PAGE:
Friday, April 28, 2006

Summer of My German Soldier by Bette Greene

I first read this book when I was about 13 or 14 for school. Kailana was talking about it to me one day during a conversation that we were having and as soon as she mentioned it I was like I have to reread this book!!

The summer that Patty Bergen turns twelve is a summer that will haunt her forever. When her small hometown in Arkansas becomes the site of a camp housing German prisoners during World War II, Patty learns what it means to open her heart. Even though she's Jewish, she begins to see a prison escapee,
Anton, not as a Nazi, but as a lonely, frightened young man with feelings not unlike her own.

In Anton, Patty finds someone who softens the pain of her own father's rejection and who appreciates her in a way her mother never
will. While patriotic feelings run high, Patty risks losing family, friends -- even her freedom -- for this dangerous friendship. It is a risk she has to take and one she will have to pay a price to keep

I did have some recollection of the basics of the story when I started reading it, but I have to say that I was very surprised by how vicious Patti's father really is to her, and the reasons why Patti isn't really loved by her family is never explored or answered. I don' t remember thinking about this when I read it the first time around at all (of course that is a LONG time ago!)

The Bergen's are the only Jewish family in their small Arkansas town and Patti has always known that she is different. Her father runs the local store, and Patti tries to help out when she can to try and gain some approval from her father. One day she gets to serve a young German POW when a group of them come in to the store to buy some hats.

When the same young man escapes from prison, Patti sees him running along the railway tracks, Patti gives him a hiding place, and starts to befriend him, feeding him and spending time with him in his hiding place.

This is not only a look at the unlikely friendship between a young Jewish girl and a German POW, but also between Patti and her family's African-American servant, who is the only person apart from Anton who seems to value Patti.

I was left with an overwhelming feeling of sadness for this young girl who was living in an abusive family, and wondered how she would ever get to a point in her life where she could be successful and happy. There is a sequel to the book, but I haven't been able to locate it anywhere here.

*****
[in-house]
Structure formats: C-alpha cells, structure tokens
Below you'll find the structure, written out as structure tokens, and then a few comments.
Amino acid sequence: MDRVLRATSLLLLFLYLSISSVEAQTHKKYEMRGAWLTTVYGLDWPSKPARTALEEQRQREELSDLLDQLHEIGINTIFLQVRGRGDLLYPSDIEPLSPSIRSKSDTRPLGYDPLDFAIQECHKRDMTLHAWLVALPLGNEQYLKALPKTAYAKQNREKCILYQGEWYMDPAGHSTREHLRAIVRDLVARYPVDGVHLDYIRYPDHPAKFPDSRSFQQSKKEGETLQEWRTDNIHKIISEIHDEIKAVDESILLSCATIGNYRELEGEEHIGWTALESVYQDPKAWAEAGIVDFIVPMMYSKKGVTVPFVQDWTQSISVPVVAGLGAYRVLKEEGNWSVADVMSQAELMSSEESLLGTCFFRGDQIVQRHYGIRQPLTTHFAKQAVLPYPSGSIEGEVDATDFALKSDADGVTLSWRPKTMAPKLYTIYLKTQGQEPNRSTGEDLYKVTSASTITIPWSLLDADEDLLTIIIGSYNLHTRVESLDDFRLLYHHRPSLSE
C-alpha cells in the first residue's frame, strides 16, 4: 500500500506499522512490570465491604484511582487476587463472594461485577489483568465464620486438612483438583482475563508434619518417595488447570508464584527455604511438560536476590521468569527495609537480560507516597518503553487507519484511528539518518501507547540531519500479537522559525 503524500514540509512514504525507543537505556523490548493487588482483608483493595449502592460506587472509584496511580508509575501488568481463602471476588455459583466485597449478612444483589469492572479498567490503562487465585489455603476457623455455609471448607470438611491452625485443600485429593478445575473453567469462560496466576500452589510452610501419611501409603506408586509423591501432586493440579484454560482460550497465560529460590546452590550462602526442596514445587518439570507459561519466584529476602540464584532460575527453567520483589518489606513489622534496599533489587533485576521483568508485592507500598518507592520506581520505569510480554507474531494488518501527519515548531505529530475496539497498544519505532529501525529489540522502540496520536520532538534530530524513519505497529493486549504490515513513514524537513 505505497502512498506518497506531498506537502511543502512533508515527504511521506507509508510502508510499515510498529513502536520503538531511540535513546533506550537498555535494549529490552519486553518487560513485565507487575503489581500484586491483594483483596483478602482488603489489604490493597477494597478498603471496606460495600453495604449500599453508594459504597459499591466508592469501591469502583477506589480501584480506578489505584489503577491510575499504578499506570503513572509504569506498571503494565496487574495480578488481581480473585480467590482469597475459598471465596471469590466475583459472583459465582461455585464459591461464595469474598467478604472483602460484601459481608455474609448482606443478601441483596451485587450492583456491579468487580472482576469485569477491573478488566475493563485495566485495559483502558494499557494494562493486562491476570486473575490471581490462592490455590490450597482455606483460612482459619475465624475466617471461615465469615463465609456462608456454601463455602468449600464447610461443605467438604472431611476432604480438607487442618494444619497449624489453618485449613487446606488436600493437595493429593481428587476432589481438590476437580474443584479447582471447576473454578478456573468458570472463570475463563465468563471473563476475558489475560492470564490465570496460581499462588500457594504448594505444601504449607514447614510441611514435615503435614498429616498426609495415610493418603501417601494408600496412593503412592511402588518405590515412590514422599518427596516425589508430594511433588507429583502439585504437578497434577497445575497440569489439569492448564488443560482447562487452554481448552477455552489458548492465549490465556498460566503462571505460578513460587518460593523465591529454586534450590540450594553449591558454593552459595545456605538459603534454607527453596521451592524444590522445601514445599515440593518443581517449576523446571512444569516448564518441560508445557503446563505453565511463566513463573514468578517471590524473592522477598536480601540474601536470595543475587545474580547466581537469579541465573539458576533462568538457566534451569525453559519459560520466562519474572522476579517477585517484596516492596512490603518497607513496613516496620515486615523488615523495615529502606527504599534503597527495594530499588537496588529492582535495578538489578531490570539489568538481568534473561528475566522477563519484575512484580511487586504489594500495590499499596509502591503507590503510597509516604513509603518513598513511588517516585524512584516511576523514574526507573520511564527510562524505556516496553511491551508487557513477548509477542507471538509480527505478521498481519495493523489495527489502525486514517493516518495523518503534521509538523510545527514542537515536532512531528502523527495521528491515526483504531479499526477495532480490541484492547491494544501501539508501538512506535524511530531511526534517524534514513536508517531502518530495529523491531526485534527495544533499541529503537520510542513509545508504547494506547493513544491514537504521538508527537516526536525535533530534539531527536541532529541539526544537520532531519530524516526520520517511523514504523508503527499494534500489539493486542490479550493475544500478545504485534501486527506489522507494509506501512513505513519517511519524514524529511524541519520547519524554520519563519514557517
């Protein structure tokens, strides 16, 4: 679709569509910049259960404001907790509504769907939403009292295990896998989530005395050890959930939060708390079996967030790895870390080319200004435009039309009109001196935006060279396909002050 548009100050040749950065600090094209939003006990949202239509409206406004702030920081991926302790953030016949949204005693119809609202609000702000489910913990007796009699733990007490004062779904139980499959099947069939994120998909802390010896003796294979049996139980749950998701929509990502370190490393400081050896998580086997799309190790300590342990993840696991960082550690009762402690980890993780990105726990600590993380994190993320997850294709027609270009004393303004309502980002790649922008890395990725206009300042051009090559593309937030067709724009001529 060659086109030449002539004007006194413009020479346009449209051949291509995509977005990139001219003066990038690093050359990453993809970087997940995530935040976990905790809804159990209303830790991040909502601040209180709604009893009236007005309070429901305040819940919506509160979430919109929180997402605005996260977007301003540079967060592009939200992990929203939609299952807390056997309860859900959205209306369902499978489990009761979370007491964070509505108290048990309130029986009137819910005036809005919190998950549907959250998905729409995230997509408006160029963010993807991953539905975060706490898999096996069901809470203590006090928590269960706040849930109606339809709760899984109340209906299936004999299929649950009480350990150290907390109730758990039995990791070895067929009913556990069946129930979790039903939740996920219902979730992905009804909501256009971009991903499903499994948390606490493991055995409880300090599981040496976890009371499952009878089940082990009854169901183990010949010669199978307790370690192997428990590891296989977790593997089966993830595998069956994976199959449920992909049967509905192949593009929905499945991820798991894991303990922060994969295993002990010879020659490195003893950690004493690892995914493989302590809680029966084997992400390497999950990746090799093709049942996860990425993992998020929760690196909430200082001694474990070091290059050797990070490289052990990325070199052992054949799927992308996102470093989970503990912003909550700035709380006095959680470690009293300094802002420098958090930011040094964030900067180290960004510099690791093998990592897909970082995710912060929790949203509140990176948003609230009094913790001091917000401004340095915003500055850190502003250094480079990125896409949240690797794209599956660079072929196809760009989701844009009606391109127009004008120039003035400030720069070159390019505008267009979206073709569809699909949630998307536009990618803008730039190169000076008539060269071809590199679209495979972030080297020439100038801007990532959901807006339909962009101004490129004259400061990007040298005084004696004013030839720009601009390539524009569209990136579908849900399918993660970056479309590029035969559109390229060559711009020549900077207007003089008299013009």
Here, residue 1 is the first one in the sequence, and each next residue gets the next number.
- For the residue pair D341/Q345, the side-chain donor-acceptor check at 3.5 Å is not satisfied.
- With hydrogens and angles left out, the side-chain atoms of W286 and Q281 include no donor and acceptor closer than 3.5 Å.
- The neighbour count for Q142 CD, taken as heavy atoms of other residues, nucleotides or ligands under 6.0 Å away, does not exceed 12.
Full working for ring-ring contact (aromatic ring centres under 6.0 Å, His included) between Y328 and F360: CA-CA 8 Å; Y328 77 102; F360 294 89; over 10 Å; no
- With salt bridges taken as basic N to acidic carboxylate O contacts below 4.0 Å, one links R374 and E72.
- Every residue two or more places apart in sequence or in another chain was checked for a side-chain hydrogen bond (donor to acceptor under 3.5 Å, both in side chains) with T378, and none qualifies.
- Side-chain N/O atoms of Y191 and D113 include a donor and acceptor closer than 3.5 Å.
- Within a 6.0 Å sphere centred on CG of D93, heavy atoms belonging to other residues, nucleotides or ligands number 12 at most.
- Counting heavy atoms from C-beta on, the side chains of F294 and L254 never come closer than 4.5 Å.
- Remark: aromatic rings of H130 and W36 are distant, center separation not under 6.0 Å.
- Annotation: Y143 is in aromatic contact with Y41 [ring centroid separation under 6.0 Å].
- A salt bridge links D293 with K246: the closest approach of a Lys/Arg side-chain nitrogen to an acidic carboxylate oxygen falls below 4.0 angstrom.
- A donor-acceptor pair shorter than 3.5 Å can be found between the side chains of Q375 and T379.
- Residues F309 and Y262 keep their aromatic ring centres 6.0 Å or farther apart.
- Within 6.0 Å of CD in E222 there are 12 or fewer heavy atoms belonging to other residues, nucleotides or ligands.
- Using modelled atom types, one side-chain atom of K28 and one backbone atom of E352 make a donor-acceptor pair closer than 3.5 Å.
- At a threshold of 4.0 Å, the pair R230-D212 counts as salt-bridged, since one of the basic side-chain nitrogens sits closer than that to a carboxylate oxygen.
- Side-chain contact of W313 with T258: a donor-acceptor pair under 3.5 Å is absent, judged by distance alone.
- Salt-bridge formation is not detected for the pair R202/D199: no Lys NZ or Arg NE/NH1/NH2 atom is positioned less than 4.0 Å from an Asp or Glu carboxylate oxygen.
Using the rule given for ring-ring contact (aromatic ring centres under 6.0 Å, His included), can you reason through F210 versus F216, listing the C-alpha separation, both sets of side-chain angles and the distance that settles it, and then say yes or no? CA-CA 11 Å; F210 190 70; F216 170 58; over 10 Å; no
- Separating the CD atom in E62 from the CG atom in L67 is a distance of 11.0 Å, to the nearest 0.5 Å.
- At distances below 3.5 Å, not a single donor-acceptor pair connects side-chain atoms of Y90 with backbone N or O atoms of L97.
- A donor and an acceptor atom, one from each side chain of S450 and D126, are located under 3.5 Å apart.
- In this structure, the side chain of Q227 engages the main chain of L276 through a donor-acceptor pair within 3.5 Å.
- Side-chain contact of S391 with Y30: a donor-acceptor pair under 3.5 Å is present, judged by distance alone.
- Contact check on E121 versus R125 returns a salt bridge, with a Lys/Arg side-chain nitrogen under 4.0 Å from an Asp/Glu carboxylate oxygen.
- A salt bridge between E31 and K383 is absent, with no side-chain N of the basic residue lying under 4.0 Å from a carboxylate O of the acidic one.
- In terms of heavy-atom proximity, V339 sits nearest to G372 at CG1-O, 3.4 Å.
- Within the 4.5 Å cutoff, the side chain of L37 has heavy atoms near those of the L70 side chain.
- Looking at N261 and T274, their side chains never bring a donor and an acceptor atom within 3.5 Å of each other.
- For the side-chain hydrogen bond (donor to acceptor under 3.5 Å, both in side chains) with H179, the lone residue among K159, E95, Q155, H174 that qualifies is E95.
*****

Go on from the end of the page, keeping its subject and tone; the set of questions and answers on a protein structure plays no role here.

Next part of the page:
Reading it did, however, make me think about rereads in general a little. This is the first reread for me this year, and it was a book that I read over twenty years ago. That doesn't mean to say that I haven't tried to reread other books this year. I have tried to reread two of my favourite books and the thing that seems to happen is that I really enjoy the book, and then I put it down, and something that I haven't read calls my name and that is it! Maybe I am just not cut out for least not whole books! I do reread the good bits of certain books though!!! So why do I keep all of these books? Maybe a just in case thing I think.

Rating for this book 4/5

Other Blogger's Thoughts:

Framed and Booked


  1. I read this book many years ago (when I was a teenager myself!) and remember its ending more vividly than the rest of the book. It was a lot more open-ended than I was used to at the time, as I recall, but it was quite powerful. Glad to see this one's still around!

  2. OMG. It's been YEARS since I read that one [along with SUMMER OF '42 or '47? ... no, it was SUMMER WITH THE GERMAN? *thinking* I can't remember now]. I usually avoid re-reads [unless it's a comfort read], but for this one, I'll make an exception. :D Thanks for that blast from the past. :D

  3. That was exactly my reaction when Kailana reminded me about this one!

  4. There is a sequel to this, "Morning is a Long Time Coming". I have it too. :)

  5. I've read a few of the reviews for the sequel and they are quite mixed. Will be interested to hear what you think of it when you get to it.